MEDFORD, Mass. — Prof. Christina Maranci of Tufts University will present her newly published book The Art of Armenia: An Introduction (Oxford University Press) at the Tufts Alumnae Lounge, 40 Talbot Ave, Medford, on Thursday, October 4, at 7:30 p.m. The program is the first Annual Prof. Charles B. Garabedian Lecture and is sponsored by the National Association for Armenian Studies and Research (NAASR), the Darakjian Jafarian Chair in Armenian History, and the Tufts Armenian Club.
Armenia has a material history and visual culture that reaches back to the Paleolithic era. Maranci’s newly published The Art of Armenia provides a survey of the arts of Armenia from antiquity to the early modern times. It covers a range of media, including architecture, stone sculpture, works in metal, wood, and cloth, manuscript illumination, and ceramic arts, and places Armenian art within broad historical, archeological, and cultural contexts. The Art of Armenia offers students, scholars and heritage readers of the Armenian community a complete and authoritative introduction to 3,000 years of Armenian art, archeology, architecture and design.
Maranci is Arthur H. Dadian and Ara T. Oztemel Professor of Armenian Art and serves as chair of the Department of Art and Art History at Tufts University, as well as an academic advisor to the Armenian Museum of America and to NAASR. She has published and lectured widely, having authored three previous monographs and more than 70 essays, articles and reviews, including the books Medieval Armenian Architecture: Constructions of Race and Nation (2001) and Vigilant Powers: Three Churches of Early Medieval Armenia (2015). For the latter work, in 2016, she received from NAASR the Dr. Sona Aronian Book Prize for Excellence in Armenian Studies. Her work combines scholarship on the history of Armenian art and architecture with advocacy for at-risk Armenian heritage, particularly medieval monuments in the Republic of Turkey.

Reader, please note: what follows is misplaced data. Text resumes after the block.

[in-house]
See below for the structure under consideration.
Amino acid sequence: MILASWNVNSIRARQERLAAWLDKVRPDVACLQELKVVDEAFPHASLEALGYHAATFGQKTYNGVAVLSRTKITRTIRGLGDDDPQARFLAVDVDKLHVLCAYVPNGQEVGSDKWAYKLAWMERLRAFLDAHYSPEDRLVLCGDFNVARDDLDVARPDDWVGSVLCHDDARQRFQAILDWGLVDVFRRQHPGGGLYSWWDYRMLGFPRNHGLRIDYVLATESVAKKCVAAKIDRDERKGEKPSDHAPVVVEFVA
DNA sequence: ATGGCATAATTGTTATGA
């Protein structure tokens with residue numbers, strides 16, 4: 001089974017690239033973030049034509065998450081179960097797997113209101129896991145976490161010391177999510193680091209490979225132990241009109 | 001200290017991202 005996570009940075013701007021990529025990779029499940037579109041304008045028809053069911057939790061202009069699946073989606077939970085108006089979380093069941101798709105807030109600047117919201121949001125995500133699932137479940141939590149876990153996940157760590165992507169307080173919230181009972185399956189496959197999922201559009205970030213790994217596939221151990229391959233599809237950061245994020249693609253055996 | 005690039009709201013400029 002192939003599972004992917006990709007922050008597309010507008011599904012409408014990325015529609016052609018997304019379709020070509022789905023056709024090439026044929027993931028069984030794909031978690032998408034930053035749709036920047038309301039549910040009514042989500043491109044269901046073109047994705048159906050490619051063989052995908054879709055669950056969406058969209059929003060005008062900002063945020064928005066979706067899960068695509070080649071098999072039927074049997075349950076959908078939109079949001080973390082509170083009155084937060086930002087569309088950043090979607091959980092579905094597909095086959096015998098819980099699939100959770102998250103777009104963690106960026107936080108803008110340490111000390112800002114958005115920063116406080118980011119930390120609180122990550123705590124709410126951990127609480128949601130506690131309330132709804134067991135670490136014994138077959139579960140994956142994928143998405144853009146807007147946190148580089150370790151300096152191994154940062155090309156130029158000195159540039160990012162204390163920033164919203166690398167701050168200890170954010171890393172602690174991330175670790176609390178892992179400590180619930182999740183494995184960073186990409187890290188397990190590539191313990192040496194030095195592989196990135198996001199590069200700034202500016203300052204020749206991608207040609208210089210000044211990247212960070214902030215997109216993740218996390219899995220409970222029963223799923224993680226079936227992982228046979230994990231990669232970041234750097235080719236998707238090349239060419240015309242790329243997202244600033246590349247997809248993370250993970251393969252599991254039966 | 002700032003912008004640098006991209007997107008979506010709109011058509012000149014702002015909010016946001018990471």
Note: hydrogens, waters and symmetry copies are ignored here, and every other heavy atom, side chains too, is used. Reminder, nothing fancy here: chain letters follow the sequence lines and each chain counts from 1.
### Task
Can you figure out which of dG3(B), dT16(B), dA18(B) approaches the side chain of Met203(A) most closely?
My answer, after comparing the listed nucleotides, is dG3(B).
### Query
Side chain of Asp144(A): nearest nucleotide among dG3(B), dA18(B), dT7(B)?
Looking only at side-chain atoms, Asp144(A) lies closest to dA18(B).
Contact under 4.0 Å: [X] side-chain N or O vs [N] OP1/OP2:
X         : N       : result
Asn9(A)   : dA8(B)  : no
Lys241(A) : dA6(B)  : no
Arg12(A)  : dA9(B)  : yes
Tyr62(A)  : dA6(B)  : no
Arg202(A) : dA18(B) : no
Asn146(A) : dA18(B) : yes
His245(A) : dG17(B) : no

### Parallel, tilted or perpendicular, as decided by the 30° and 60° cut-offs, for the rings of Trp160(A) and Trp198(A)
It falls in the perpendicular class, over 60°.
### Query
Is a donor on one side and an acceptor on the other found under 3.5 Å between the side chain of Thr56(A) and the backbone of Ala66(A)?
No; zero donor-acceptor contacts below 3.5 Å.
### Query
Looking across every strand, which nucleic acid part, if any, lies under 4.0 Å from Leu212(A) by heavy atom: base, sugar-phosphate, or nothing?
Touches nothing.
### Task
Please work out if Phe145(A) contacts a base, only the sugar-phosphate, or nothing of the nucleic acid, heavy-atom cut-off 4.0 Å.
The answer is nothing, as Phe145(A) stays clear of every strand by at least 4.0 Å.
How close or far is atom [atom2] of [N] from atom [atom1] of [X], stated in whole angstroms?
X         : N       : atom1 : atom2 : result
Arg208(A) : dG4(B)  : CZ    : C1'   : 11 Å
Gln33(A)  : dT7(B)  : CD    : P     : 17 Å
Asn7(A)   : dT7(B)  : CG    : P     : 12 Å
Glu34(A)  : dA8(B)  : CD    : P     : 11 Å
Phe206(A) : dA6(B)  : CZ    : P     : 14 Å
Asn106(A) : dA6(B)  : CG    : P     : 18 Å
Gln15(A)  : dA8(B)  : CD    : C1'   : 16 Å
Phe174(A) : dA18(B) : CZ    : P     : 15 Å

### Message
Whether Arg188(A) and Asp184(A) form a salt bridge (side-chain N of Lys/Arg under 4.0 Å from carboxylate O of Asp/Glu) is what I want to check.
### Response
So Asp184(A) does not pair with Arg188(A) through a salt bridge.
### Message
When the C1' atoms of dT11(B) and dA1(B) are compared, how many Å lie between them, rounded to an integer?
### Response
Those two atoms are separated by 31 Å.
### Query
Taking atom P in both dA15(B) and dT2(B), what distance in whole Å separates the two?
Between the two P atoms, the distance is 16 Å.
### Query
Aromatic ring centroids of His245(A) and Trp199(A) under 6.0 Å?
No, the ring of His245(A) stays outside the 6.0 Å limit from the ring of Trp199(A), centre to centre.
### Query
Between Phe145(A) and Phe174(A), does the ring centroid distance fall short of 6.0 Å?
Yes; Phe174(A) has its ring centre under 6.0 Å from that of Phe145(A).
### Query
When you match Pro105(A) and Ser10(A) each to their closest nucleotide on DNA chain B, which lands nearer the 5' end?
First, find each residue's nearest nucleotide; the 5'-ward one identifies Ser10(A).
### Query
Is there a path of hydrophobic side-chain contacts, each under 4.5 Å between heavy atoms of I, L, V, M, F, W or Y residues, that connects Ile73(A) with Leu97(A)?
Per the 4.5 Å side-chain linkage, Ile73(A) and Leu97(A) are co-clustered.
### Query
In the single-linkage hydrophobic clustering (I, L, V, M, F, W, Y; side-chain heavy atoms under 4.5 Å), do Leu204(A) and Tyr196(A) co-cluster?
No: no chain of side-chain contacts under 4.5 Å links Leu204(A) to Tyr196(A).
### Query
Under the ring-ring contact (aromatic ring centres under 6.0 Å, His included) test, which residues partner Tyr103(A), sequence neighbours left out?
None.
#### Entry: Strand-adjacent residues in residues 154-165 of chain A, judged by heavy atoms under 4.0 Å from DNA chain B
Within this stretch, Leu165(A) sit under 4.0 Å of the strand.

Garabedian (1917-1991) was born in Everett, Mass., and graduated magna cum laude from Everett High School and Tufts University (A.B. English and history). He attended Harvard Law School and graduated magna cum laude from Boston University Law School. During World War II, he served in the Office of Strategic Services (OSS), and in the late 1940s he began his teaching career at Suffolk University Law School. His expertise was tort litigation and damages, courses which he continuously taught at Suffolk University Law School for over 40 years. At the time of his death, Garabedian was the senior faculty professor at Suffolk University Law School. The annual lecture in his memory has been established at NAASR by Garabedian’s niece, NAASR Board Member Joan E. Kolligian.
This event is free and open to the public. A reception and refreshments will immediately follow the program and question-and-answer session.